Even if he doesn't quite get there, Dalton at least brings a little rushing upside. He has rushed for 5 TDs over 2 seasons. His 4 last year helped push Dalton as high as 12th in some formats. (There's 1 big reason we know he can reach QB1 status.) We also expect the Bengals to throw it more in 2013.
Jay Cutler, Bears (ADP: 11.08, QB17)
Cutler’s an easy punching bag for many fantasy fanatics. He throws too many picks. He takes too many sacks. And, well, he’s kind of a hothead.
While we won’t argue the latter claim, the others lack merit. Cutler appeared in 15 games last season and tossed 14 INTs. From a fantasy perspective, that’s not a value-crushing total. It doesn’t approach his old mistake-prone ways, either. Cutler posted 18 INTs in 2008 (his final year with Denver) and 26 in 2009. That number dipped to 16 in 2010.
The trend is clear. Cutler, still a risk-taker, has reined in his INTs. Now, it’s Marc Trestman’s turn to try and extract Cutler’s potential. And in an offense featuring dynamic pieces such as Brandon Marshall and Matt Forte, we like his chances.
Many question Trestman's background in the Canadian Football League. It’s not an ideal resume booster, but his reputation as a QB guru is undisputed. The early signs in Chicago are encouraging.
“I think he's doing an excellent job,” Trestman said of Cutler. “I think he's practicing very efficiently. He's throwing the ball away and there's nothing wrong with that with the defense that we have. He's checking it down a lot during the practices; all of us have seen that, finishing his progressions.”
Cutler's renovated O-line will provide some relief. The battered QB took 38 sacks last year – again, in 15 games. And according to Pro Football Focus, he faced pressure on 37.5% of his drop backs. Only 4 QBs were harassed more often.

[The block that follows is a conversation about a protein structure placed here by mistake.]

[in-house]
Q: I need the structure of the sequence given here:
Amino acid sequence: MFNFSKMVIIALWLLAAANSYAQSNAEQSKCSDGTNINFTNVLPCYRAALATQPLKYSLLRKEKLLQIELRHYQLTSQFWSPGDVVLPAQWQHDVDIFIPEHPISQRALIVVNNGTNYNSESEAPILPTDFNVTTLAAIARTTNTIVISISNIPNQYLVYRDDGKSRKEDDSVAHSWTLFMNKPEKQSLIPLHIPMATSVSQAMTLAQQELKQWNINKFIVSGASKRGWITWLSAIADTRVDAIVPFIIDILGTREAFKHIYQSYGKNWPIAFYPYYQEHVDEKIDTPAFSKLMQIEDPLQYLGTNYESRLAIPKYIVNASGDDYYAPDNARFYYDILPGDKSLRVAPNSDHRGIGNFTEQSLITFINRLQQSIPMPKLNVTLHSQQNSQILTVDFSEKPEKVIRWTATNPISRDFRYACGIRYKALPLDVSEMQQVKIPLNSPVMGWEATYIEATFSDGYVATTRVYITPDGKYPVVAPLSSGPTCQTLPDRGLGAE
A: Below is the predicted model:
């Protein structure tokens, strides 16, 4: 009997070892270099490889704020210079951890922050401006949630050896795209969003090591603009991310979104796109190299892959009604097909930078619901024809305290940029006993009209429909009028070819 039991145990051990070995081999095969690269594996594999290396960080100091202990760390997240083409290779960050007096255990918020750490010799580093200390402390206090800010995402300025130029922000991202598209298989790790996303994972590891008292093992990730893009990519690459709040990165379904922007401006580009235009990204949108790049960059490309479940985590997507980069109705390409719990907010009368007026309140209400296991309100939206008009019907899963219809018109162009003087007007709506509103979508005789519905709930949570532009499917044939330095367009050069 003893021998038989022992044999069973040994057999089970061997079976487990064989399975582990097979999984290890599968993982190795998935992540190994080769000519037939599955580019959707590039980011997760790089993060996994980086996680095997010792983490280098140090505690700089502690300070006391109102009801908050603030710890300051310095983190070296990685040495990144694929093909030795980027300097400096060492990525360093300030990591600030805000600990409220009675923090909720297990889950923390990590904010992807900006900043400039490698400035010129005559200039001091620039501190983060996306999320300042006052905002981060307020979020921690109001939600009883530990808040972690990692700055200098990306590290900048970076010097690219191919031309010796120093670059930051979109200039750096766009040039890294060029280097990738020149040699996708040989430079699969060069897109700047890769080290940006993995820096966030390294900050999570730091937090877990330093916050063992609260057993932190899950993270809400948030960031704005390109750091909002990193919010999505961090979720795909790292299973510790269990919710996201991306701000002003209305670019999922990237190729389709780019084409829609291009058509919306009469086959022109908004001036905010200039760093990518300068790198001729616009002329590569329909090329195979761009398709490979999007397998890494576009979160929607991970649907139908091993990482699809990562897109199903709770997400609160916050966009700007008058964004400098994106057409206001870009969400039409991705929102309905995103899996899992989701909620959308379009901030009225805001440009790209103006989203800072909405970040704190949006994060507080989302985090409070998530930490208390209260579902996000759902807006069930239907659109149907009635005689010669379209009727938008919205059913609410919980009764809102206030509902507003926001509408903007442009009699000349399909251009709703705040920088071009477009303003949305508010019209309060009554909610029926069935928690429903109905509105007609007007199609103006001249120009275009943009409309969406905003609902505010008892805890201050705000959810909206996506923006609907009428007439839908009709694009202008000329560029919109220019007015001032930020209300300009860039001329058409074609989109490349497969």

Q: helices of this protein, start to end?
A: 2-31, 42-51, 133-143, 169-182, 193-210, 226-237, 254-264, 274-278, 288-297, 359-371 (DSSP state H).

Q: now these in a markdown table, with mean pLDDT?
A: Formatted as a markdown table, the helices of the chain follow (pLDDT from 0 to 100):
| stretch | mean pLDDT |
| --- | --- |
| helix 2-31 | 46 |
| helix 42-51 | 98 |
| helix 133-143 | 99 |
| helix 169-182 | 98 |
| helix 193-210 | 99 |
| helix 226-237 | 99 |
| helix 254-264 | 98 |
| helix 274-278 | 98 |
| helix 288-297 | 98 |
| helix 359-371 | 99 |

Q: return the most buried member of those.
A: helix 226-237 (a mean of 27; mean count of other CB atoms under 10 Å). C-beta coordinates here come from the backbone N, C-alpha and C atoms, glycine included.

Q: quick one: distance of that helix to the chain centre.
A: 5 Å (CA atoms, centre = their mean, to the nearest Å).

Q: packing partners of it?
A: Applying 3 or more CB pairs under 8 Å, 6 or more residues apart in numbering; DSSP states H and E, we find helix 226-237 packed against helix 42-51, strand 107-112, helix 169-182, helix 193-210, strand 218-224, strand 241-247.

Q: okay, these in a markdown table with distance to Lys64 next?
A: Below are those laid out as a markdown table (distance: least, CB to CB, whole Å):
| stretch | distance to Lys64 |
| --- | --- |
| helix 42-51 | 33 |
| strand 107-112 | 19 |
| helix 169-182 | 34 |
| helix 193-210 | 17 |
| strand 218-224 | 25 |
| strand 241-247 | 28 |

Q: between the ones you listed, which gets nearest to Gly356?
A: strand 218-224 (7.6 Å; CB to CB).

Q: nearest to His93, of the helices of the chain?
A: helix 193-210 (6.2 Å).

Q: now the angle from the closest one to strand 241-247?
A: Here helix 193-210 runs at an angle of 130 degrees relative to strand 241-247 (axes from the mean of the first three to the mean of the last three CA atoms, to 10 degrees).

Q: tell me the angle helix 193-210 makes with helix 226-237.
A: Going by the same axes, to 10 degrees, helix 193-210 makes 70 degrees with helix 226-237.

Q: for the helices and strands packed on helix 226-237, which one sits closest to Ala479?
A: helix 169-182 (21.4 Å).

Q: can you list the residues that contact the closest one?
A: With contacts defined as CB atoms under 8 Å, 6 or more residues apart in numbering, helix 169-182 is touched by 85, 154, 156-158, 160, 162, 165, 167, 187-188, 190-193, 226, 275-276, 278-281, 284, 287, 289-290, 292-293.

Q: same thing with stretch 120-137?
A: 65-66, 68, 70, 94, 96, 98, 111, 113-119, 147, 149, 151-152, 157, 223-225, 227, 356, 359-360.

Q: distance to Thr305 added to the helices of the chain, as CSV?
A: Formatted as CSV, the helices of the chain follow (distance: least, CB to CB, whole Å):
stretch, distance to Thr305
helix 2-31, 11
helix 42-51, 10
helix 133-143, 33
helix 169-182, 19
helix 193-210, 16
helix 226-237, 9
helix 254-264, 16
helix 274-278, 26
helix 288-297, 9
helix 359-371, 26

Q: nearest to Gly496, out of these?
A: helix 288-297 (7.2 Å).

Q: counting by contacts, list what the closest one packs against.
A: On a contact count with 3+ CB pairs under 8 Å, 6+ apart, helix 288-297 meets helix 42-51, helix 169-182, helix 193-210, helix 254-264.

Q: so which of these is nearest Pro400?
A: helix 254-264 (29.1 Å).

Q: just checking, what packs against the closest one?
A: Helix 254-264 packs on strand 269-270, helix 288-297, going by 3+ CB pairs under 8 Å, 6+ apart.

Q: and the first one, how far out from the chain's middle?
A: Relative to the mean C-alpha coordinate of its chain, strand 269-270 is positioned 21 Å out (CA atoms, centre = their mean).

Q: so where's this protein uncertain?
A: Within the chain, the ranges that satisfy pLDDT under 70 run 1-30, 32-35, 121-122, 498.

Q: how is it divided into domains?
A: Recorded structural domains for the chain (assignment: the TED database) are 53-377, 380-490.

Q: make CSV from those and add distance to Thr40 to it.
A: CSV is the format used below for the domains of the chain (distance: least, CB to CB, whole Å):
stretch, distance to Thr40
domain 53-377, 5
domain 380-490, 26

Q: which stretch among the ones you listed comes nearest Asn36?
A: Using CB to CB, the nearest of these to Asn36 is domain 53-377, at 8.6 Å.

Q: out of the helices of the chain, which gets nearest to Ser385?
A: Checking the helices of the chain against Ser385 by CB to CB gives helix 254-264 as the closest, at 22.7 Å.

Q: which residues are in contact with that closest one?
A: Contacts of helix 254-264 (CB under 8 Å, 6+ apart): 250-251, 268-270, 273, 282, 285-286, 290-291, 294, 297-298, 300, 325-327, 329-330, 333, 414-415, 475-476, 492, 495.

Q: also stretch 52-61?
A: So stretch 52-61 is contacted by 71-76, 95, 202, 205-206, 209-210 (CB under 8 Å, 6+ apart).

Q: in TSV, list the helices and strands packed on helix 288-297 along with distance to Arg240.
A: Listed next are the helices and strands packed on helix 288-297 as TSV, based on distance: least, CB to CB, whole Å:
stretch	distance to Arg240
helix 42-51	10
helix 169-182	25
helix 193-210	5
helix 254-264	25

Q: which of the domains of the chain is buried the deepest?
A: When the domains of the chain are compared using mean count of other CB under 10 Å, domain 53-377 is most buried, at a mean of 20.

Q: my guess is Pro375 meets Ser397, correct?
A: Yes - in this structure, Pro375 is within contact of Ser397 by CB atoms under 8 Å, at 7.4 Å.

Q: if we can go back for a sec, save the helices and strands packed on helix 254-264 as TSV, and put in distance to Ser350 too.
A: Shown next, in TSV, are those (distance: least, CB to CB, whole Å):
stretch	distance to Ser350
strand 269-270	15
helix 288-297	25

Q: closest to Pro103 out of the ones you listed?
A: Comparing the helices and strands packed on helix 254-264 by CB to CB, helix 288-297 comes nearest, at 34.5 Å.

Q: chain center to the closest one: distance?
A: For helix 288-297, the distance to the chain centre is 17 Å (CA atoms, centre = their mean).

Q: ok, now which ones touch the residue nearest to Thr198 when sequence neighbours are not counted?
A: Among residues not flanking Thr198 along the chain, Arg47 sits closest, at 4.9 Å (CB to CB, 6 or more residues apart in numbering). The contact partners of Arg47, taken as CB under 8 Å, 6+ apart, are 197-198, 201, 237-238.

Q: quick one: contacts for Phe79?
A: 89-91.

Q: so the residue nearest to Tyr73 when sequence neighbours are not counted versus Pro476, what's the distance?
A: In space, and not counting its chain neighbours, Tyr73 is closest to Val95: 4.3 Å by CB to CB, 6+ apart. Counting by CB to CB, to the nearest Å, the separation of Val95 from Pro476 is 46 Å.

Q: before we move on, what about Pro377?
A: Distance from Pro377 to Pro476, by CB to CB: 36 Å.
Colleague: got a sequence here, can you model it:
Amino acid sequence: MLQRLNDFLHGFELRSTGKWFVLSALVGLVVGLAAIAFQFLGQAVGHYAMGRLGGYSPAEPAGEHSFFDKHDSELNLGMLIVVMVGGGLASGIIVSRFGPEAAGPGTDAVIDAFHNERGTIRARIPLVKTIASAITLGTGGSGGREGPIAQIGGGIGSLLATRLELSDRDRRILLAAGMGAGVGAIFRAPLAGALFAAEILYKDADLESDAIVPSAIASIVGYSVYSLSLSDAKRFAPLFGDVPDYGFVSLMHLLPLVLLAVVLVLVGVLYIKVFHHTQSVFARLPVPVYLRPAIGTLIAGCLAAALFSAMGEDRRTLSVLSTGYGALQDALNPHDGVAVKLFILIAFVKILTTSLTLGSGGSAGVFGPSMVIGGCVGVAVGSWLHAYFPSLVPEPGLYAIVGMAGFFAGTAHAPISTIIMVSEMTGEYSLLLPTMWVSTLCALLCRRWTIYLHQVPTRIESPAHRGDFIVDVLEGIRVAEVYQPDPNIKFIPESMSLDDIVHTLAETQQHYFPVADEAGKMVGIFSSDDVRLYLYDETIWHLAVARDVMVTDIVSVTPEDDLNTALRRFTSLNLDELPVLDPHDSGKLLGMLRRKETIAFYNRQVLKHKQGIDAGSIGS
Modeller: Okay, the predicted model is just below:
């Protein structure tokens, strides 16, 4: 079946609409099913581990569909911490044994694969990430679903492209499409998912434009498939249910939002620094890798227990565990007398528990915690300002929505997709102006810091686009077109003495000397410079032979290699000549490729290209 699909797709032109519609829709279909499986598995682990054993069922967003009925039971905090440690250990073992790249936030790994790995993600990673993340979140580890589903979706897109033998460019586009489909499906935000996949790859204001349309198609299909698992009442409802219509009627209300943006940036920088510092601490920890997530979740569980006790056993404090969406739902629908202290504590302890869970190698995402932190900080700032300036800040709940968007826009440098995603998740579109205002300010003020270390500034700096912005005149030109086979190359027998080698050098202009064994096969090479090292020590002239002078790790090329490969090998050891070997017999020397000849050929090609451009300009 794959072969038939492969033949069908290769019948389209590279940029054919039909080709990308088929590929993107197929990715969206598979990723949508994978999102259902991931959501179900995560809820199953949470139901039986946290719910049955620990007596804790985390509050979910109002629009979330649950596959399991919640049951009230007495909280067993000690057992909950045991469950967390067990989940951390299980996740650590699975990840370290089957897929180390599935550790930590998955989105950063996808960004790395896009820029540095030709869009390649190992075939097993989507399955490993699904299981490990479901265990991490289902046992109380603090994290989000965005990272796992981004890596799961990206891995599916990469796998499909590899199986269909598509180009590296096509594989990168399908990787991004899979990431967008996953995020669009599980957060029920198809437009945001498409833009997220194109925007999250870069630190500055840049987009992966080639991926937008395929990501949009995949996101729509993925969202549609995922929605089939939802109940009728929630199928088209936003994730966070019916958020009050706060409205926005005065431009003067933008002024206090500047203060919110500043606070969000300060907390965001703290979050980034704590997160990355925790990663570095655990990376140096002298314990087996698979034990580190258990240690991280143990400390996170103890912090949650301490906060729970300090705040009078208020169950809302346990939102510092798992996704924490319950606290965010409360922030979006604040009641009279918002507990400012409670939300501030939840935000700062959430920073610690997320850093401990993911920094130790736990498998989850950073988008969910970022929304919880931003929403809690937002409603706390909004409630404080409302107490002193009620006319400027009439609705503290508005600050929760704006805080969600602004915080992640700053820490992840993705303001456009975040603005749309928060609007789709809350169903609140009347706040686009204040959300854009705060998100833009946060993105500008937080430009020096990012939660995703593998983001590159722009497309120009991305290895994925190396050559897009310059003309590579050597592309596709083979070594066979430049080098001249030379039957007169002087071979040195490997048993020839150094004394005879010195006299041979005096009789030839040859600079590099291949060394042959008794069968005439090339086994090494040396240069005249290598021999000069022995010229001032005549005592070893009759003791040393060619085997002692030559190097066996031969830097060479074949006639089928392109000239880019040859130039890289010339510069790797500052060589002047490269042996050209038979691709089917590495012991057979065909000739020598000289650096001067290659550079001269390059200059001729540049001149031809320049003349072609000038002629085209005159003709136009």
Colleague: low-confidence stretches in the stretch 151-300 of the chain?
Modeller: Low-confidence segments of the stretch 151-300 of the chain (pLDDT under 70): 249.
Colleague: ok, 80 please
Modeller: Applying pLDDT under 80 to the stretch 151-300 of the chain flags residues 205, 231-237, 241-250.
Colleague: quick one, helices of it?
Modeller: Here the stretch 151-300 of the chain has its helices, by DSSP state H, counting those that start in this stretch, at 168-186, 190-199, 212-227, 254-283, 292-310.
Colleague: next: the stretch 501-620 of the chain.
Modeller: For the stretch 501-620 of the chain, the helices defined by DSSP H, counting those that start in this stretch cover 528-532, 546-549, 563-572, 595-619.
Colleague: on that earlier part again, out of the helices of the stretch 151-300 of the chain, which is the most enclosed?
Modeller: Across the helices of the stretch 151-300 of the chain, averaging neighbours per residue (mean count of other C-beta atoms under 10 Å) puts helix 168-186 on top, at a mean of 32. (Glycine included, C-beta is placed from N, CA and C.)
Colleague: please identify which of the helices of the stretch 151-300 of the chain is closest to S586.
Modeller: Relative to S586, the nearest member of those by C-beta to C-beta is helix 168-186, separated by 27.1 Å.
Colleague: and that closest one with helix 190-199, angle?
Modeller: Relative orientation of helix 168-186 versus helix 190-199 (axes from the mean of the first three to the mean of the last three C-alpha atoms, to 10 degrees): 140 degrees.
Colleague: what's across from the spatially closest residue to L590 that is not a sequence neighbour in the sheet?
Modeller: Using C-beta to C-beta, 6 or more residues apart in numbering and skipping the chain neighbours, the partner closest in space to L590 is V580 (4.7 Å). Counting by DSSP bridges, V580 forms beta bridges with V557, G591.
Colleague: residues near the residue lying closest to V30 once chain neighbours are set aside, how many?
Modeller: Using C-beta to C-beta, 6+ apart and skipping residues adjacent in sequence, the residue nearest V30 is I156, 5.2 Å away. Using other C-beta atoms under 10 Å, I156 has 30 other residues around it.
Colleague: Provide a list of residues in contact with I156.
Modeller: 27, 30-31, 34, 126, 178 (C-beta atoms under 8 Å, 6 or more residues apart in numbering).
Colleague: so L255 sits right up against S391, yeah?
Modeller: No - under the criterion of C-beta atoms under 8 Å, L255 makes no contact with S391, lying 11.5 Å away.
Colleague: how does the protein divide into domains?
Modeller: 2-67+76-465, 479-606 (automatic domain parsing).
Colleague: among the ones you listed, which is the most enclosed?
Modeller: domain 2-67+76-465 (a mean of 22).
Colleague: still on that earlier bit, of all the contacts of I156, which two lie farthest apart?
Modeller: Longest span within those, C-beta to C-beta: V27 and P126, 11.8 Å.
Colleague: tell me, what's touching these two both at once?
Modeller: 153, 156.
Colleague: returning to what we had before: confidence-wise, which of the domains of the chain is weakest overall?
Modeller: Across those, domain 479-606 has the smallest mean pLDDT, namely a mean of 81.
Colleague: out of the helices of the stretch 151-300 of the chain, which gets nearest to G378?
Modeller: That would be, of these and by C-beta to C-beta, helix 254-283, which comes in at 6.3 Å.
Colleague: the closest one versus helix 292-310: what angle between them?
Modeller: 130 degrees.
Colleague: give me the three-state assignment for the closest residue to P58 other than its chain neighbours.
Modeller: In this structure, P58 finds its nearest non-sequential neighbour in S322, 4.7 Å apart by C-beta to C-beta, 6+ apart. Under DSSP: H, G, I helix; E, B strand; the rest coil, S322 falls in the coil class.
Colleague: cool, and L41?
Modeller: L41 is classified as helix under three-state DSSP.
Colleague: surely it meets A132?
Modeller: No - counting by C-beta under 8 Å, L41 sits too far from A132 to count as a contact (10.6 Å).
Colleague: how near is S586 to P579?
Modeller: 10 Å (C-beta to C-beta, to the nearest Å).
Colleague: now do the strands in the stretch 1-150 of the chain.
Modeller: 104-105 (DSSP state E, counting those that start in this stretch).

New arrivals LT Jermon Bushrod, LG Matt Slauson and RG Kyle Long inject the line with pass-blocking talent. It’s easily the best unit since Cutler joined the Bears.
We might witness a slow start. Chicago opens with a tough draw against the sack-happy Bengals. When the dust settles, though, we won’t be shocked if Cutler’s name graces the top-10.
Sam Bradford, Rams (ADP: 13.11, QB23)
We all know the upgrades and positive signs around Bradford at this point. It's up to him and the Rams to turn that into regular-season production. If Bradford's ready to pilot this offense and distribute the ball effectively, he'll bring strong upside.
He'll probably need a little TD luck to reach the top 10, but Tavon Austin, Jared Cook and Chris Givens possess the talent to create such "luck."
Josh Freeman, Bucs (ADP: 13.05, QB21)
We’re not especially high on Freeman’s talent. He’s displayed spotty accuracy – plus shaky pocket poise – in each of his 4 pro seasons. We won't discount his QB1 potential, though.
Quietly, he finished 2012 as fantasy’s #13 QB. He tallied career highs in yards (4,065) and TDs (27). In fact, he finished 10th league-wide in yardage, only 230 behind Aaron Rodgers.
Sure, his season wasn’t flawless. Freeman tossed an unhealthy 17 INTs, including back-to-back games with 4 picks. He added an ugly 10 fumbles.
His scatter-shot arm appeared far too often, and it led to a horrid 54.8% completion rate. Among 16-game starters, only Mark Sanchez and Andrew Luck completed passes at a poorer clip.
But we should see a more efficient Freeman in 2013. Prior to last season, his career completion percentage stood at a respectable 60.4% -- and it grew steadily from 2009-2011. Then, he lost OC Greg Olson last offseason. Mike Sullivan, formerly the Giants’ QBs coach, replaced him. The transition proved bumpy.
Sullivan will again direct this offense, but early reports indicate Freeman’s familiarity with him will come in handy.
“He’s [Freeman’s] clearly a notch above where he was last year,” HC Greg Schiano told NFL Network. “Josh came into camp much more comfortable, and you can see it by the way he’s throwing the ball.”
With one of the NFL’s top WR duos, Freeman’s set up for success. Vincent Jackson and Mike Williams provide big-bodied deep threats and attractive red-zone options.
Some might point to the Bucs’ run-first offense as an upside-capper, but Freeman ranked 9th in the league in pass attempts last year. Aaron Rodgers sat 10th.
Ultimately, we’re not trusting Tampa’s former 1st-rounder as a standalone starter. However, we will consider him a committee option with a chance to sneak into the top 10.